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   Chapter 3 AN ADVENTURE ON THE RAIL

Nan Sherwood's Winter Holidays; Or, Rescuing the Runaways By Annie Roe Carr Characters: 6615

Updated: 2017-12-01 00:02


That adventurous afternoon on Pendragon Hill was the last chance the girls of Lakeview Hall had that term for bobsledding. School closed the next day and those pupils who lived farthest away, and who went home for the holidays, started that very evening by train from Freeling.

Nan and her chum, Bess Harley, were two who hurried away from the Hall. Tillbury was a night's ride from Lakeview Hall, and the chums did not wish to lose any of their short stay at home.

It had already been planned and agreed to that Nan and Bess were to go to Chicago to visit in the Masons' home during a part of this vacation, and the two friends, who knew very little of city life, were eager indeed for the new experience.

Walter and Grace had started for Chicago that morning, and when the two Tillbury girls saw how hard it was snowing when Charley, with his 'bus on runners, drove them to the station, they wished that they had asked the privilege of Dr. Beulah Prescott, the principal, of going early, too.

"This yere's goin' to be a humdinger of a storm," prophesied Charley.

"You gals'll maybe get snowed up on the train."

"Oh! What fun!" cried the thoughtless Bess.

"I hope not!" proclaimed Nan.

"I think it would be fun, Nan," urged her chum.

"Humph! How about eating?" queried the red-haired girl, Laura Polk, who would be one of the party as far as the Junction.

"Oh, there's a dining-car on this train," said May Winslow, who was to speed away to the South to spend Christmas, where there was no ice or snow, and where the darkeys celebrate the holiday with fire-crackers, as Northern people do the Fourth of July.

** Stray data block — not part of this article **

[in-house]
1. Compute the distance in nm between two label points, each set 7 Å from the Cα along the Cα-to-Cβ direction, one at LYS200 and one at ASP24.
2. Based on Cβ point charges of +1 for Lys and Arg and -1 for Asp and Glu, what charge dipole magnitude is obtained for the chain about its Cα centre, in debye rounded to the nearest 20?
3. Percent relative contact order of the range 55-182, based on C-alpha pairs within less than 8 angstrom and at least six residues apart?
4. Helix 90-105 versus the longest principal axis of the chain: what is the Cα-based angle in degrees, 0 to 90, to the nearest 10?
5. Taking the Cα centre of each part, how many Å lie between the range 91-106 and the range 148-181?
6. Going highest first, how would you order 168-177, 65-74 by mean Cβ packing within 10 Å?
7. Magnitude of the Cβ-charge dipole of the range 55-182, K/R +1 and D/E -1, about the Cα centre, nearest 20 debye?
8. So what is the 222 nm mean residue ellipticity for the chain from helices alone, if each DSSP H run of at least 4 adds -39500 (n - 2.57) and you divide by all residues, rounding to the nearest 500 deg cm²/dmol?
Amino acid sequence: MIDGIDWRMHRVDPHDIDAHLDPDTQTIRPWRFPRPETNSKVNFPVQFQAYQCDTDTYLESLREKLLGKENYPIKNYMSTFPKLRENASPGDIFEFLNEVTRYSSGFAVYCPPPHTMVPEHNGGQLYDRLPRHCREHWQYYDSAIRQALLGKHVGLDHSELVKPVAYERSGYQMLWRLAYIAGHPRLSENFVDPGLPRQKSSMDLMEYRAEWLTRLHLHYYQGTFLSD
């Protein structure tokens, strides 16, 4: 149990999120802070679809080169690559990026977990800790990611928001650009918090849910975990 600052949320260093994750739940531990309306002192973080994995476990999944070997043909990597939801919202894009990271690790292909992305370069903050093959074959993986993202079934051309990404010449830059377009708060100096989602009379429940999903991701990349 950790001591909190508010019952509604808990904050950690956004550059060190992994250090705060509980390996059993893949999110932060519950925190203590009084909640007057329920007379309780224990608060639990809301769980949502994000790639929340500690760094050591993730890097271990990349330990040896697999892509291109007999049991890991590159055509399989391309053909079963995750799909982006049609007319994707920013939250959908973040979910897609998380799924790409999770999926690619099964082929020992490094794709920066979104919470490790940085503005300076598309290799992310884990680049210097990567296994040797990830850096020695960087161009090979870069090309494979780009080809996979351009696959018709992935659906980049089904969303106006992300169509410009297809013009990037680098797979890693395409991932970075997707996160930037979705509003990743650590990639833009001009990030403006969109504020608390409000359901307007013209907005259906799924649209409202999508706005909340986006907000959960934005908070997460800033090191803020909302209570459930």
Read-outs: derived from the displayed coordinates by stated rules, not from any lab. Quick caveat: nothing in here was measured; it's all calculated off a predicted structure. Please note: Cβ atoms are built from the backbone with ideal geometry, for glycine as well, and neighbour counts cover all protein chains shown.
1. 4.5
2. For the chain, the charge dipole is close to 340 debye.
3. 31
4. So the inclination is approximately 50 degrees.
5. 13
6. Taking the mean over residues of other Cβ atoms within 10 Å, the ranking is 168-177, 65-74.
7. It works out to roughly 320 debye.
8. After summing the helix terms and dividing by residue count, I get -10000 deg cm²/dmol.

"That's all right about the dining-car," said Nan. "All right for you girls who are going to Chicago. But our train from the Junction has no 'eats' attached and if we get snowed up-"

"Ugh!" cried her chum. "Don't suggest such a horrid possibility. I'm going right now to buy out the lunch counter and take it along with us."

"And break your teeth on adamantine sandwiches, harder than Professor

Krenner's problems in algebra?" suggested May.

The red-haired girl began to laugh. "I thought Bess never would carry a shoe-box lunch again. 'Member that one you two girls from Tillbury brought to school with you, last September?"

"Will we ever forget it?" groaned Nan.

"I don't care!" exclaimed Bess. "You can't have a bite of what I buy, Laura Polk!" and she marched away to the lunch counter and spent most of her remaining pocket money on greasy pies, decrepit sandwiches, soggy "pound-cake" and crullers that might have been used with success as car-seat springs!

The train was late in arriving at Freeling. It rumbled into the station covered with snow, its pilot showing how it had ploughed through the drifts. The girls were separated at once, for Nan's seat and her chum's were in one car, while the girls bound Chicago-ward had a section in another.

Nan and Bess would be in their berths and asleep when their car should be switched to the southern line to be picked up by the other train at the Junction. So they bade their friends good-bye at once and, after a false start or two, the heavy train blundered into the night and the storm, and Freeling was left behind.